Non-Citizens doing Citizen Science

Part 1: Non-Citizens

The enthusiasm for citizen science as a strong approach to involve the public in science and or the public doing science, led to many discussions with my colleagues at the Citizenlab of the University of Twente on what citizen science is. In this blogpost I want to share some of my personal thoughts on citizen science by first defining the terms citizenship and citizen. To do so I will refer to Ariella Azoulay’s book; The civil contract of photography, which will explain the origin of the title Non-Citizens doing Citizen Science.

For Azoulay, the meaning of the terms citizenship and citizens should be understood in a social context of relationships between individuals beyond the boundaries of a nation-state. She disputes the discourse of citizenship as being something that you can own because you are protected by the authority within the borders of the nation-state. Because it is not only the boundaries of a nation-state that determines whether a person is a citizen, but also the way in which a government groups citizens, thereby creating ‘the other’. As soon as there is a protective shield around some of the citizens, a dividing line between them and others is created. Therefore, the status of ‘the others’ causes a separate group of non-citizens with compromised civil status within the group of citizens. Azoulay talks about the so-called ‘impaired civic’ status of this group, whose citizenship has been deprived, that will determine the way in which all citizens are governed. After all, ‘the others’ (i.e., non-citizens) are ruled through the (violent) force of the same government. In this way, not only the fragile status of the non-citizen is at stake, but also the status of the citizen. The existence of non-citizens (i.e., groups of people that are ignored and/or systematically exposed to violence by a ruling power or people that get stuck between nation-states) demonstrates the necessity to reconsider the concept and practice of citizenship.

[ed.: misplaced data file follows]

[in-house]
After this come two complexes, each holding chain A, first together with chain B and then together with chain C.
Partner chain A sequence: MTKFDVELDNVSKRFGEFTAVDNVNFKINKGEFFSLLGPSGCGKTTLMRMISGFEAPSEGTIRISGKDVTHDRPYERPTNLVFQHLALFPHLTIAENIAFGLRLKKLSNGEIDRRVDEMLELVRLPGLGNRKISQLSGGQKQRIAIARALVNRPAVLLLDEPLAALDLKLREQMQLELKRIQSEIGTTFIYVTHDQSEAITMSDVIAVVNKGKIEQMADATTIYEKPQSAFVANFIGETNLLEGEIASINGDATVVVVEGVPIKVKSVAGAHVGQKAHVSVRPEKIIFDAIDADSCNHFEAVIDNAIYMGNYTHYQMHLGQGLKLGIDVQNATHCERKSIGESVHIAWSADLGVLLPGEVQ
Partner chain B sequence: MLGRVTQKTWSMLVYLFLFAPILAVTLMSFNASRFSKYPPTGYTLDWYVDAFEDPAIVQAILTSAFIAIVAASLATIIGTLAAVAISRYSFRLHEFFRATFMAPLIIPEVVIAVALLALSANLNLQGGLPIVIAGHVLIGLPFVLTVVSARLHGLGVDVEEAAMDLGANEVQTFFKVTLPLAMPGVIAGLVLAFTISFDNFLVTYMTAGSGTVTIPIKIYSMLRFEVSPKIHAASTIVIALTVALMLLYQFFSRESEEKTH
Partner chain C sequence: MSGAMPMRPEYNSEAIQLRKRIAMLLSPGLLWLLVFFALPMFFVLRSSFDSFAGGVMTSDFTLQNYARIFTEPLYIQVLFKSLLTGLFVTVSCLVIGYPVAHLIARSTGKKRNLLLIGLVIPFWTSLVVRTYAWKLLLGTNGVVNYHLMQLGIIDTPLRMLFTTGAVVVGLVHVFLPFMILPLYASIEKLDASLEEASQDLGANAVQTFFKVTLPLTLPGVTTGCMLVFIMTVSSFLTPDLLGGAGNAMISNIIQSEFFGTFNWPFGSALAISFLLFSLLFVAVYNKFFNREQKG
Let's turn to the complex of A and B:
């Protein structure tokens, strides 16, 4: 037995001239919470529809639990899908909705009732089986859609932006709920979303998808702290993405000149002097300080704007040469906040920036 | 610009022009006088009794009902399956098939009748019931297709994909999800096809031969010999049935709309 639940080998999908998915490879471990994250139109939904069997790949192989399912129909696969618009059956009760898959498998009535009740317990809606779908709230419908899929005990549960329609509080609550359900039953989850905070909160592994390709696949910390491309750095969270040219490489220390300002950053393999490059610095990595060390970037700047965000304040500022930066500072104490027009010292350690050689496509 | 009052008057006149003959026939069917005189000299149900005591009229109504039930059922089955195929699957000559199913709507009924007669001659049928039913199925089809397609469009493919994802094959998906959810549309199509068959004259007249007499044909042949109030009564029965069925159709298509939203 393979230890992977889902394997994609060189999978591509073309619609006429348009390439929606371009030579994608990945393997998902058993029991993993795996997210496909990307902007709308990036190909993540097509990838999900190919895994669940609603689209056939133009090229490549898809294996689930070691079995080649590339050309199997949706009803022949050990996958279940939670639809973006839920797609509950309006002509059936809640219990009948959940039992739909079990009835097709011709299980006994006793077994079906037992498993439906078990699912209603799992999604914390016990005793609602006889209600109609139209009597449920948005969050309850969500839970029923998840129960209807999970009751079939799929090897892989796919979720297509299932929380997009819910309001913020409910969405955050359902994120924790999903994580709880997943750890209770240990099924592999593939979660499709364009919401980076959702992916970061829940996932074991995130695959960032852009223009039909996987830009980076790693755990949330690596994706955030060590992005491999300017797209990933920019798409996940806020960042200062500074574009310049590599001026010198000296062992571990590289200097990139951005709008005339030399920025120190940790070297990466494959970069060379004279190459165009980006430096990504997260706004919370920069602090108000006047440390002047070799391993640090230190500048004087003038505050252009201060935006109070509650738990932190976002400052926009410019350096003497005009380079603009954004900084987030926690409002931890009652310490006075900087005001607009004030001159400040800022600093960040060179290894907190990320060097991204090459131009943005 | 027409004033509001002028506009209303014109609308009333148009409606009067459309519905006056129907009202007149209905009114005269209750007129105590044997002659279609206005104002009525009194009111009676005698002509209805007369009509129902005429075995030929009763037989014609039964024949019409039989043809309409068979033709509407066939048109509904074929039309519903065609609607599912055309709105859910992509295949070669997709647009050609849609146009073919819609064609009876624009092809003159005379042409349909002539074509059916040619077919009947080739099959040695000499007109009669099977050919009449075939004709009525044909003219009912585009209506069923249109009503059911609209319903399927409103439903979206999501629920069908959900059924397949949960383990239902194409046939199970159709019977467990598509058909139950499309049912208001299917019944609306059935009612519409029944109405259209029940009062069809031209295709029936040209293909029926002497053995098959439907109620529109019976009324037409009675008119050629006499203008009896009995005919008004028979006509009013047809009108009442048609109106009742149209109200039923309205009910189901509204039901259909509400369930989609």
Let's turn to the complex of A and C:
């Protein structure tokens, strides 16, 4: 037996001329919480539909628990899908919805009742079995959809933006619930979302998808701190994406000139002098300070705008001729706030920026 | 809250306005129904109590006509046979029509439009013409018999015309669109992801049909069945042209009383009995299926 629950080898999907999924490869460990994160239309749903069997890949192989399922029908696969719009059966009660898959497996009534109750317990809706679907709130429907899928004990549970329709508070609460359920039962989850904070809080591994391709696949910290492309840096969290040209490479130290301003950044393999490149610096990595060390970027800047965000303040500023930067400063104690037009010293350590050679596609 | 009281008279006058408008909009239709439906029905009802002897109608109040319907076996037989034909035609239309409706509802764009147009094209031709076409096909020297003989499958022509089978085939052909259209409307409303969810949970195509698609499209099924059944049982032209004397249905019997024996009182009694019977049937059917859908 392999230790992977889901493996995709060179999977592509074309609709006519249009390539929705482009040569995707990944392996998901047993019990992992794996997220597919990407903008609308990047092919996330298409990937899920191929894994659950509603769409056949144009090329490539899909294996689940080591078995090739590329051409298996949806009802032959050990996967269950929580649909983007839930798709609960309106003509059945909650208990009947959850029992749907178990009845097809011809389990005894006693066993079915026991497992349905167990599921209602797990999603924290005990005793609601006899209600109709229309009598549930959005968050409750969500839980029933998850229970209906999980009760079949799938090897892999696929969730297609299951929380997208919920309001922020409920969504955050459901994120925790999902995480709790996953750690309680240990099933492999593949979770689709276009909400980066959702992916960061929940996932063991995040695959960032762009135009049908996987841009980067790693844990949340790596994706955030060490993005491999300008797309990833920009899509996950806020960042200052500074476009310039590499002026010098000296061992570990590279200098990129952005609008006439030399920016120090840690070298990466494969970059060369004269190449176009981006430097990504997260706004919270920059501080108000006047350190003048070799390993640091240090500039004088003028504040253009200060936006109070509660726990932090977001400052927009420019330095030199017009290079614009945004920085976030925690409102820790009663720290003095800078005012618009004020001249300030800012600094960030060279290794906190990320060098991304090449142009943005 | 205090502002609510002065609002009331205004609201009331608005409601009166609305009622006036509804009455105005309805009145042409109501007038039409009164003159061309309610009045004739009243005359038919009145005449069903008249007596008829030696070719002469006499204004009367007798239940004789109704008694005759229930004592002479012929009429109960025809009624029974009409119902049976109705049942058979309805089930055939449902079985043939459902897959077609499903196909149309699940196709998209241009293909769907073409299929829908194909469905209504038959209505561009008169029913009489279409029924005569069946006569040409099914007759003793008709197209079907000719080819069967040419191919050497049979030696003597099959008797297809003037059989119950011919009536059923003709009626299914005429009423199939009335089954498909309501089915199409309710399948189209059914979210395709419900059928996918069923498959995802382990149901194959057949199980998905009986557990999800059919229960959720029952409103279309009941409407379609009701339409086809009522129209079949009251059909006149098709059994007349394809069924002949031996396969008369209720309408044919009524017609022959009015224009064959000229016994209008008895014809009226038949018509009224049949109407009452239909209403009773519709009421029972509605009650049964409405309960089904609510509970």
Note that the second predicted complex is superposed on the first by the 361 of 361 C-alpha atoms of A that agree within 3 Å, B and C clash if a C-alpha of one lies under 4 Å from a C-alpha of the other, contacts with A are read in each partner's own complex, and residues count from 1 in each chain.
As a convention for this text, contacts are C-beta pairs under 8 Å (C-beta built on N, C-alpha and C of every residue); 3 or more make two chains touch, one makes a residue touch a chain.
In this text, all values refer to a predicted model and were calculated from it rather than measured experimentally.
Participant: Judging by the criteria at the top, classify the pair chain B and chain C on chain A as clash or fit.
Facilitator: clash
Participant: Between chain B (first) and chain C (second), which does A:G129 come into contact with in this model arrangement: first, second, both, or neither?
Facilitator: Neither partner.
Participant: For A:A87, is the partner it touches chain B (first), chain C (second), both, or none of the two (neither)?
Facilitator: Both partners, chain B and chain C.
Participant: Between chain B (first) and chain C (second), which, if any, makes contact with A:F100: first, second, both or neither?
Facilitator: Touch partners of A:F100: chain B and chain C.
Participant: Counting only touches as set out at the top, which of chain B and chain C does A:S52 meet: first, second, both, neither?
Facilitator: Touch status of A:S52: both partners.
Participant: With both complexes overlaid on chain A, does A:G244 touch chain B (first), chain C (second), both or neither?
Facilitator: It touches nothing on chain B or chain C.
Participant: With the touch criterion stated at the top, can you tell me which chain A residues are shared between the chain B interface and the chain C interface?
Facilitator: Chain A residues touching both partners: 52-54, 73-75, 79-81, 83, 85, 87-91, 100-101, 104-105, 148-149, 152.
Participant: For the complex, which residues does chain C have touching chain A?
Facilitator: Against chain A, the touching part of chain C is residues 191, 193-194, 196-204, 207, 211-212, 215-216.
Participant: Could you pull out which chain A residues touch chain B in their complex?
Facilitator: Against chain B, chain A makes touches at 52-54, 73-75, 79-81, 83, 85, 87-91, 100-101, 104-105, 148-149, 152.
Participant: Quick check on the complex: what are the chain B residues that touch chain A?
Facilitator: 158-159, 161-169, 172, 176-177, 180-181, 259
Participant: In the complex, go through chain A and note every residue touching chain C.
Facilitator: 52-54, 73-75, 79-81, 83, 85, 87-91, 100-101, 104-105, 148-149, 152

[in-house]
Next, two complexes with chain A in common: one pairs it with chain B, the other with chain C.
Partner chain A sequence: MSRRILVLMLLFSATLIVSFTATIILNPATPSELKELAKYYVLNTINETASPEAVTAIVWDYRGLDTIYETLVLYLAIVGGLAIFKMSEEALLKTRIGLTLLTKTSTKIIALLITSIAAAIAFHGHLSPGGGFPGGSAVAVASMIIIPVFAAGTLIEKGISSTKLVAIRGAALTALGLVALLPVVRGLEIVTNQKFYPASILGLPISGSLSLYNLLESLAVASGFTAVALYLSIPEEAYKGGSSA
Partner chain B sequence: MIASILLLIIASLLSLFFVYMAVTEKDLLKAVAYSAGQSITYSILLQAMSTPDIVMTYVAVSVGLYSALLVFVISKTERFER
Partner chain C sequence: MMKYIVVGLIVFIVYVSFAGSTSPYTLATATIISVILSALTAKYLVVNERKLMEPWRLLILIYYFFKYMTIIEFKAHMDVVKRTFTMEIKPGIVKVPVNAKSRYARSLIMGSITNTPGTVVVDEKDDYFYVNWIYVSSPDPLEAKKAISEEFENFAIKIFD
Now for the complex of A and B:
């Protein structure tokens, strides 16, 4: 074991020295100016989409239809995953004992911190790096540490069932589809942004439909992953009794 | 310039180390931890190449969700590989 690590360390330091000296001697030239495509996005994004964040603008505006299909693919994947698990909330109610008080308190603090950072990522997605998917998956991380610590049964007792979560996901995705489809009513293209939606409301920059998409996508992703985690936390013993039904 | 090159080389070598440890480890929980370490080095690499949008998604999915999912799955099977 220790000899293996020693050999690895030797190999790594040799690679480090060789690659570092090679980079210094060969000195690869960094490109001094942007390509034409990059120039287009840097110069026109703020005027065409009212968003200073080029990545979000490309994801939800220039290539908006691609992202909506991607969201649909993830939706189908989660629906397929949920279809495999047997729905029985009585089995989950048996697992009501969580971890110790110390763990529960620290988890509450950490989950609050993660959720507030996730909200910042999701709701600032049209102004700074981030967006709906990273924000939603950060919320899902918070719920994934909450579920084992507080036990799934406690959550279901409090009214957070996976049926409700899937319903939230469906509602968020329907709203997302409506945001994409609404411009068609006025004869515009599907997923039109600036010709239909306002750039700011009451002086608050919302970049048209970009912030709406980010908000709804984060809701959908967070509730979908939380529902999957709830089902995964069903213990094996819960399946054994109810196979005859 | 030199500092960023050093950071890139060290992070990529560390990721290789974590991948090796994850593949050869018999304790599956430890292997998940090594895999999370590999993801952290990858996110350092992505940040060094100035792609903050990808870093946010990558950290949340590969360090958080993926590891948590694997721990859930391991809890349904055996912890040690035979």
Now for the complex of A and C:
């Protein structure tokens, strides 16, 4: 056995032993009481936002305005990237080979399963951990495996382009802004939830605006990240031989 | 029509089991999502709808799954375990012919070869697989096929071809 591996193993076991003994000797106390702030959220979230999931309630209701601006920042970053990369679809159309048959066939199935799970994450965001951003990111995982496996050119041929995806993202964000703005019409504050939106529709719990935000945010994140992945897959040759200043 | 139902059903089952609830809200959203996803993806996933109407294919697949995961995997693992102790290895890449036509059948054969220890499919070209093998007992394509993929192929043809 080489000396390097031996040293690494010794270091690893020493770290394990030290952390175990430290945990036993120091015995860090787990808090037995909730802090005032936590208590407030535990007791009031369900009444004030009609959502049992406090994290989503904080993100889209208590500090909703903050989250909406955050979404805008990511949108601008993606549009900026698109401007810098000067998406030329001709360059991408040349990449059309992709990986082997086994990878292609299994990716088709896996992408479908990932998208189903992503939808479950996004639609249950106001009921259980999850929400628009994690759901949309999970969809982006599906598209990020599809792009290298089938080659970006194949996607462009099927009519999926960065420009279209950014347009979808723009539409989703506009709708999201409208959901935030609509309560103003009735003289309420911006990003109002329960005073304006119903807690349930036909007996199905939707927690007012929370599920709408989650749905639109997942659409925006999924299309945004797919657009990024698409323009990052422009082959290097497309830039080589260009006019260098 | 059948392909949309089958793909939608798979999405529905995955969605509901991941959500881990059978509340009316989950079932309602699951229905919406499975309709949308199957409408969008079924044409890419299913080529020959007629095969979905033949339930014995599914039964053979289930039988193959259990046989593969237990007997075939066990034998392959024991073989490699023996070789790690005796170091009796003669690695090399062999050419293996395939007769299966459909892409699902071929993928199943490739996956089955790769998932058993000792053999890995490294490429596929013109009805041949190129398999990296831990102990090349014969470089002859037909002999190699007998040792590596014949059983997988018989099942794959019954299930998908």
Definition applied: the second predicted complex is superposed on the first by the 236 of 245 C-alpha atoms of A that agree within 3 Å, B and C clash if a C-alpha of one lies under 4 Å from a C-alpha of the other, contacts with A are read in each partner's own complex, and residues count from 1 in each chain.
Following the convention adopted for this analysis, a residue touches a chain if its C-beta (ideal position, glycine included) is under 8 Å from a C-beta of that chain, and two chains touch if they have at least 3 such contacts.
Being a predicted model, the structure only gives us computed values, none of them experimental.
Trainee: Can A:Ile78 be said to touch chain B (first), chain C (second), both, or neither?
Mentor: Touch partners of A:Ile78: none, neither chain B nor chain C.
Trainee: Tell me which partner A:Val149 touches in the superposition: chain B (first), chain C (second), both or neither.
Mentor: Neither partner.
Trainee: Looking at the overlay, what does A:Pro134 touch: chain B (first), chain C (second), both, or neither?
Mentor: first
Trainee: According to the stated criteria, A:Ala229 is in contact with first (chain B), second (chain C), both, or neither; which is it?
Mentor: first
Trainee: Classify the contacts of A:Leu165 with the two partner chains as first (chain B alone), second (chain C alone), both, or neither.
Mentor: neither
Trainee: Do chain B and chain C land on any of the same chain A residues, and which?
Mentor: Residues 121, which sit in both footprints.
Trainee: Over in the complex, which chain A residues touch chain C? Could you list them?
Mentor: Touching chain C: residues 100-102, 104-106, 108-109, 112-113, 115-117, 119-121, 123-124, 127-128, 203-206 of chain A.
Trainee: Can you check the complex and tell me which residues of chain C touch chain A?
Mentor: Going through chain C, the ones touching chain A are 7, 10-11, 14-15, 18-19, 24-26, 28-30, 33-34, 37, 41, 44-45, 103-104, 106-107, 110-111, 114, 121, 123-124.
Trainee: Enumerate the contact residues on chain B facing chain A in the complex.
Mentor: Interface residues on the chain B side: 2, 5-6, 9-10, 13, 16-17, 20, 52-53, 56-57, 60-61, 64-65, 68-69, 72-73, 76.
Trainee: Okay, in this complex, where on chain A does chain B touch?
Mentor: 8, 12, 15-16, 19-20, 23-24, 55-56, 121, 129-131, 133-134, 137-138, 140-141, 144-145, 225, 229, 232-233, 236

Azoulay is emphatically concerned with repairing the disrupted relationship between citizens and non-citizens. It is in the cooperation and solidarity between all citizens, separate from the nation-state, where a guaranteed force exist that can resist the power of a violent authority. This guaranteed force will enable disconnecting from the power of the ruling authority to (re)open political actions. Azoulay derives the possibility of such disconnection from the structure or design of the various social contract theories. These contract theories generally exist, she says, of two phases. The first phase involves the formation of a political community. This formation establishes an obligation between the participants themselves. Hence, this community provides itself with some form of authority. During the second phase, the participants renounce their right to exercise political authority to their representatives, the sovereign government.

The power of citizenship, according to Azoulay, sits in the first phase; the formation of a political community which establishes an obligation between the participants and thereby providing some form of authority. It is in the conditions of being visible through photography that Azoulay foresees an active role in bringing about reforms in a society. These conditions will have to affect our consciousness with respect to ‘the photographed other’. In Azoulay’s view, ‘the other’ makes an appeal via a photo to everyone who takes part in photography. By addressing to stop ongoing violence in the position of a photographed non-citizen, anyone can still be a citizen within the photographic community. Anyone in the sense of people who are not represented by an authority (i.e., non-citizen).

For part two of the question whether non-citizens can be citizen scientists I will employ Azoulay’s vision on citizenship and citizens. Because by positioning both concepts of citizenship and citizen within a social context of relationships between individuals their role as participants in a political and social community suggest an obligation towards each other that provides some form of authority. Hence, on one hand Azoulay’s vision offers a broad range of citizens and non-citizens that will bring insights on doing science to collectively establish some form of change, bottom-up from society. On the other hand, it will provide a specific perspective on the role of citizen science as an empowering tool.

– Azoulay, A. The civil contract of photography. (TCCP) Zone books, New York. (2008)
– DriescheVanDen, C. Een burgerlijk contract zichtbaar gemaakt. Hypothese van fotografisch burgerschap. Philosophy master thesis at Tilburg University. (2013)

Part 2: Can non-citizen do citizen science?


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